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It gives me great
pleasure to send my greetings to this important conference, which marks a
significant milepost in the Global Mining Initiative. The Government and people
of Canada merit our recognition for welcoming so many participants from around
The Global Mining Initiative for responsible mining is a good example of collaboration among governments, business, labour, non-governmental organizations and other stakeholders on an issue of crucial importance for the world's quest to achieve sustainable development. In particular, through the Mining Minerals and Sustainable Development project, it has set out quite clearly the challenges that the industry - including labour - governments and civil-society actors all face in bringing the sector nearer to a sustainable future.
This effort comes at a critical juncture. The World Summit on Sustainable Development in Johannesburg is fast approaching.
The mining and minerals industry is one in which there are real discrepancies between wealth creation for the few, and environmental and social costs for the many. On the one hand, the vital raw materials provided by the mining and minerals industry underpin much of modern life, finding their way into everything from airplanes to cell phones. And many countries have successfully diversified their economies using natural resources. At the same time, lives, livelihoods and sustainability itself are harmed by every polluted river, every degraded landscape, and every industry installation that spews toxins into the air. Many communities have been disrupted and no doubt many still will be.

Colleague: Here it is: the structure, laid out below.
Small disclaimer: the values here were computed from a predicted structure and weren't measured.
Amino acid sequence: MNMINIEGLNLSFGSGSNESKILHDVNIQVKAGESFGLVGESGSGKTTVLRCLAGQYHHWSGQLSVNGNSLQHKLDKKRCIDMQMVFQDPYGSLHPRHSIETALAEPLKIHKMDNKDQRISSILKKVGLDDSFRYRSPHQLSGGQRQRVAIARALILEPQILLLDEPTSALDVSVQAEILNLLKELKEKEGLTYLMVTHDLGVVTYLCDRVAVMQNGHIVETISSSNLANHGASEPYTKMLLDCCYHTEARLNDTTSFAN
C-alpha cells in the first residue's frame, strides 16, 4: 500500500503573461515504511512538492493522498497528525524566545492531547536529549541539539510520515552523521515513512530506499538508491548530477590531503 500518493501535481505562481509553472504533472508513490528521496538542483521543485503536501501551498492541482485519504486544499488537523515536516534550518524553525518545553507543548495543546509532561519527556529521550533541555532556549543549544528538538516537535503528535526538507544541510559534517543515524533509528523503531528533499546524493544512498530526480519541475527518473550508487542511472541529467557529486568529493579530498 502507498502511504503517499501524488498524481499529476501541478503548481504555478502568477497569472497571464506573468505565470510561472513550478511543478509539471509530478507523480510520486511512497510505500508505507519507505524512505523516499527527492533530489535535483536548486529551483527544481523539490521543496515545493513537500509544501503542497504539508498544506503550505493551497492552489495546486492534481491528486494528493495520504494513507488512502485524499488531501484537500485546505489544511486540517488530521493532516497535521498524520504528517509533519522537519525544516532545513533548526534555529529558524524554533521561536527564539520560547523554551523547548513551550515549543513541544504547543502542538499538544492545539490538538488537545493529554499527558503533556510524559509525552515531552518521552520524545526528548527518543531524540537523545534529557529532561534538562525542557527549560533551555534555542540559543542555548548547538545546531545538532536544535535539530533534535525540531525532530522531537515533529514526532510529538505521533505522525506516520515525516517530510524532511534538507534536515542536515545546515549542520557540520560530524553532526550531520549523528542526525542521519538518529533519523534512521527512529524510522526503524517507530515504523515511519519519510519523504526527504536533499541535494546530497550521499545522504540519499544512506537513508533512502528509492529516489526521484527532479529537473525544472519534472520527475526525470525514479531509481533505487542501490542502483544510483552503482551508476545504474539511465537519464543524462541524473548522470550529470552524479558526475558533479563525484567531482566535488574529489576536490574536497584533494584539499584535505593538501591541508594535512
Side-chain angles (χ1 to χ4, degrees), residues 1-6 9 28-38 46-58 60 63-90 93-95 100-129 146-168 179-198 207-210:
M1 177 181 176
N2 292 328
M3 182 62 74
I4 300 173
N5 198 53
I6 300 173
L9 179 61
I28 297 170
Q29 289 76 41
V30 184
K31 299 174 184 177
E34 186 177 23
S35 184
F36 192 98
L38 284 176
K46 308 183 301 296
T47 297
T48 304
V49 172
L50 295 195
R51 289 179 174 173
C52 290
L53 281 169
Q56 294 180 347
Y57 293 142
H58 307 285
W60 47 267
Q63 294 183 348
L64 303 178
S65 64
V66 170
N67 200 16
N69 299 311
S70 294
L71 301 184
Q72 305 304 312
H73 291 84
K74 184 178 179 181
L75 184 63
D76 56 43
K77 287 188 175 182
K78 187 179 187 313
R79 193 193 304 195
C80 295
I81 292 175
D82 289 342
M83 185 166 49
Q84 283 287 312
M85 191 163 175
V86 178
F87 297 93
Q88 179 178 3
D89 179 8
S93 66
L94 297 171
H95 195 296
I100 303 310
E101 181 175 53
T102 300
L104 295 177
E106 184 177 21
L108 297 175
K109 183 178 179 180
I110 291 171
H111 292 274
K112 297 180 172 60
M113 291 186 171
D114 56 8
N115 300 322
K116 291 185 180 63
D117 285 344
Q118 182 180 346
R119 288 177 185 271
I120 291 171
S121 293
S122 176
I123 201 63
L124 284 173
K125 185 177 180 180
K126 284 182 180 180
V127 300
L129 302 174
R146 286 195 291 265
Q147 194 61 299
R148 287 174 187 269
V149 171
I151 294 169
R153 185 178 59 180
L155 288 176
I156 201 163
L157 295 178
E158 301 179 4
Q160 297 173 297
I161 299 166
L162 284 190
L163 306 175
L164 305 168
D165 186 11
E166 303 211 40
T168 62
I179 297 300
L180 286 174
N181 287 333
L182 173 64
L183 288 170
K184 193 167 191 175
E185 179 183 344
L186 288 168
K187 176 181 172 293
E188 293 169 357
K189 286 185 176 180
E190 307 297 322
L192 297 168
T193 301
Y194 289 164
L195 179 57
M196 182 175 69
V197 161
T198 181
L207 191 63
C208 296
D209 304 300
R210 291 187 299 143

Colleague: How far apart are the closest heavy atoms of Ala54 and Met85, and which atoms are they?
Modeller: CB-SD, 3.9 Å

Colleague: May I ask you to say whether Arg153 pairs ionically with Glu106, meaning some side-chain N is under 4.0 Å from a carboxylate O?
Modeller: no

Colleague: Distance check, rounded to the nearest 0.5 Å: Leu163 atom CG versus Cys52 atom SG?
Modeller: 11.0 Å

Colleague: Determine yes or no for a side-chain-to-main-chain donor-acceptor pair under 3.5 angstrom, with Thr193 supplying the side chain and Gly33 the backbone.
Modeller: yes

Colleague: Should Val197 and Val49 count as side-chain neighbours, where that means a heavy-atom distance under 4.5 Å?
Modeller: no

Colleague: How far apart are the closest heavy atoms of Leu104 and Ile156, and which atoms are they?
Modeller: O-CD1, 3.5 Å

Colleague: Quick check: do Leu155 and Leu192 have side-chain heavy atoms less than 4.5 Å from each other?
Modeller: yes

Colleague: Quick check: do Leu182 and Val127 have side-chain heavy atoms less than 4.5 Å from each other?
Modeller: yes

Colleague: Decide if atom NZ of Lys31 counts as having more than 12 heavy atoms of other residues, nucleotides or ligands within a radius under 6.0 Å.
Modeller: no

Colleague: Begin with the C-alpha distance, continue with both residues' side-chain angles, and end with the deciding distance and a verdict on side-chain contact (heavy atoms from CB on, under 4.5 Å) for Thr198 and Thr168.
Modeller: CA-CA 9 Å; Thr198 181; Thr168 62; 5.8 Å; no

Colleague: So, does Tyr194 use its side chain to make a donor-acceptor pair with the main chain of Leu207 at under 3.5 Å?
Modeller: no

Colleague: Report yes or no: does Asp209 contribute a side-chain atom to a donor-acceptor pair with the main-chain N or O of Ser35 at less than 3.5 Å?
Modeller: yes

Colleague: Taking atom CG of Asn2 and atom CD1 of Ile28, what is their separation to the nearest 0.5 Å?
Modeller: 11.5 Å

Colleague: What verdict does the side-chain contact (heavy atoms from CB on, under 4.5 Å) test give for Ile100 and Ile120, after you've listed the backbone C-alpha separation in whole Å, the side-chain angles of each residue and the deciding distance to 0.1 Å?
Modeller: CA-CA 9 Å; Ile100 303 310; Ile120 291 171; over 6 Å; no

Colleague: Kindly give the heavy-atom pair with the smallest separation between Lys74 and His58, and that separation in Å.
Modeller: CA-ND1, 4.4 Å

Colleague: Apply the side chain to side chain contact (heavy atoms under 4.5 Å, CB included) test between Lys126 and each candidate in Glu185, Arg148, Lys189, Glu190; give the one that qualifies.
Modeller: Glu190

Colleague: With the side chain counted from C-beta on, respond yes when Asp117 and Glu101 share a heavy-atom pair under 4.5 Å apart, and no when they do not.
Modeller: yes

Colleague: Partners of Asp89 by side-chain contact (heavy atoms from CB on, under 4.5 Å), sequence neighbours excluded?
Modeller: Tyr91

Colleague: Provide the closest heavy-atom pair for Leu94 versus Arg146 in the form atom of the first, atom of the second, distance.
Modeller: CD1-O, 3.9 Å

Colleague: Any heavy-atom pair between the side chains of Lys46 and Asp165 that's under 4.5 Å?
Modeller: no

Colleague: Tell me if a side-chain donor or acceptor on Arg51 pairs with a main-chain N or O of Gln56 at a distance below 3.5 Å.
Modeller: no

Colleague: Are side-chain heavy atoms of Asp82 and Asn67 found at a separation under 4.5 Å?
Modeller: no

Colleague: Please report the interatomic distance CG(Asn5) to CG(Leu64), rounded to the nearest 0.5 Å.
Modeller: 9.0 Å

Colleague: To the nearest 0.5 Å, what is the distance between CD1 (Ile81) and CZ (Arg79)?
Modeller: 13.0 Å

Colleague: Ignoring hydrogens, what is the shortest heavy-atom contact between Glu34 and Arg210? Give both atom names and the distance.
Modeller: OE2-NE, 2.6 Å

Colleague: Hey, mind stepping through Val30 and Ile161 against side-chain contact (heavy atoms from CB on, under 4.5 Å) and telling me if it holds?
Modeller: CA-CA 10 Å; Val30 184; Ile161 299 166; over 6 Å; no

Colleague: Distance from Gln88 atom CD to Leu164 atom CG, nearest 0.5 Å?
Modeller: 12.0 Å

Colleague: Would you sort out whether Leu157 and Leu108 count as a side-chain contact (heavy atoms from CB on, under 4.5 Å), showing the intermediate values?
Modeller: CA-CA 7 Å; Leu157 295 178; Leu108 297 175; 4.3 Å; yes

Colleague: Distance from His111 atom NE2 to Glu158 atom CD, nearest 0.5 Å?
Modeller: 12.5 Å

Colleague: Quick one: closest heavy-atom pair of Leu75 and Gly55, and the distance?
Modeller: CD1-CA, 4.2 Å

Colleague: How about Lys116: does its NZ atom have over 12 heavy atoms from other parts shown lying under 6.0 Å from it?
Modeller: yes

Clearly, it is imperative that we do more to ensure that mining's fallout is mitigated, and that local communities - in particular the millions of artisanal miners who derive a livelihood from digging for mineral wealth - share in the benefits.
The Global Mining Initiative complements The Global Compact, the corporate citizenship initiative I launched three years ago that seeks to help make globalization work for all people and to give hope and opportunity to those who remain excluded from global markets. The Compact calls on businesses to take a precautionary approach to environmental challenges, and to promote social and environmental responsibility. Your initiative has the potential to respond to this challenge and could serve as the basis for a "Sectoral Global Compact."
This conference has mobilized an unprecedented coalition for change and has identified many important issues where cooperation and collective action can make a difference. The challenge now is to carry forward this momentum. I hope that large numbers of leaders from governments and business - working together with labour and civil society - will demonstrate real leadership and walk together along this new path of change, so that good ideas and good intentions will be transformed into action.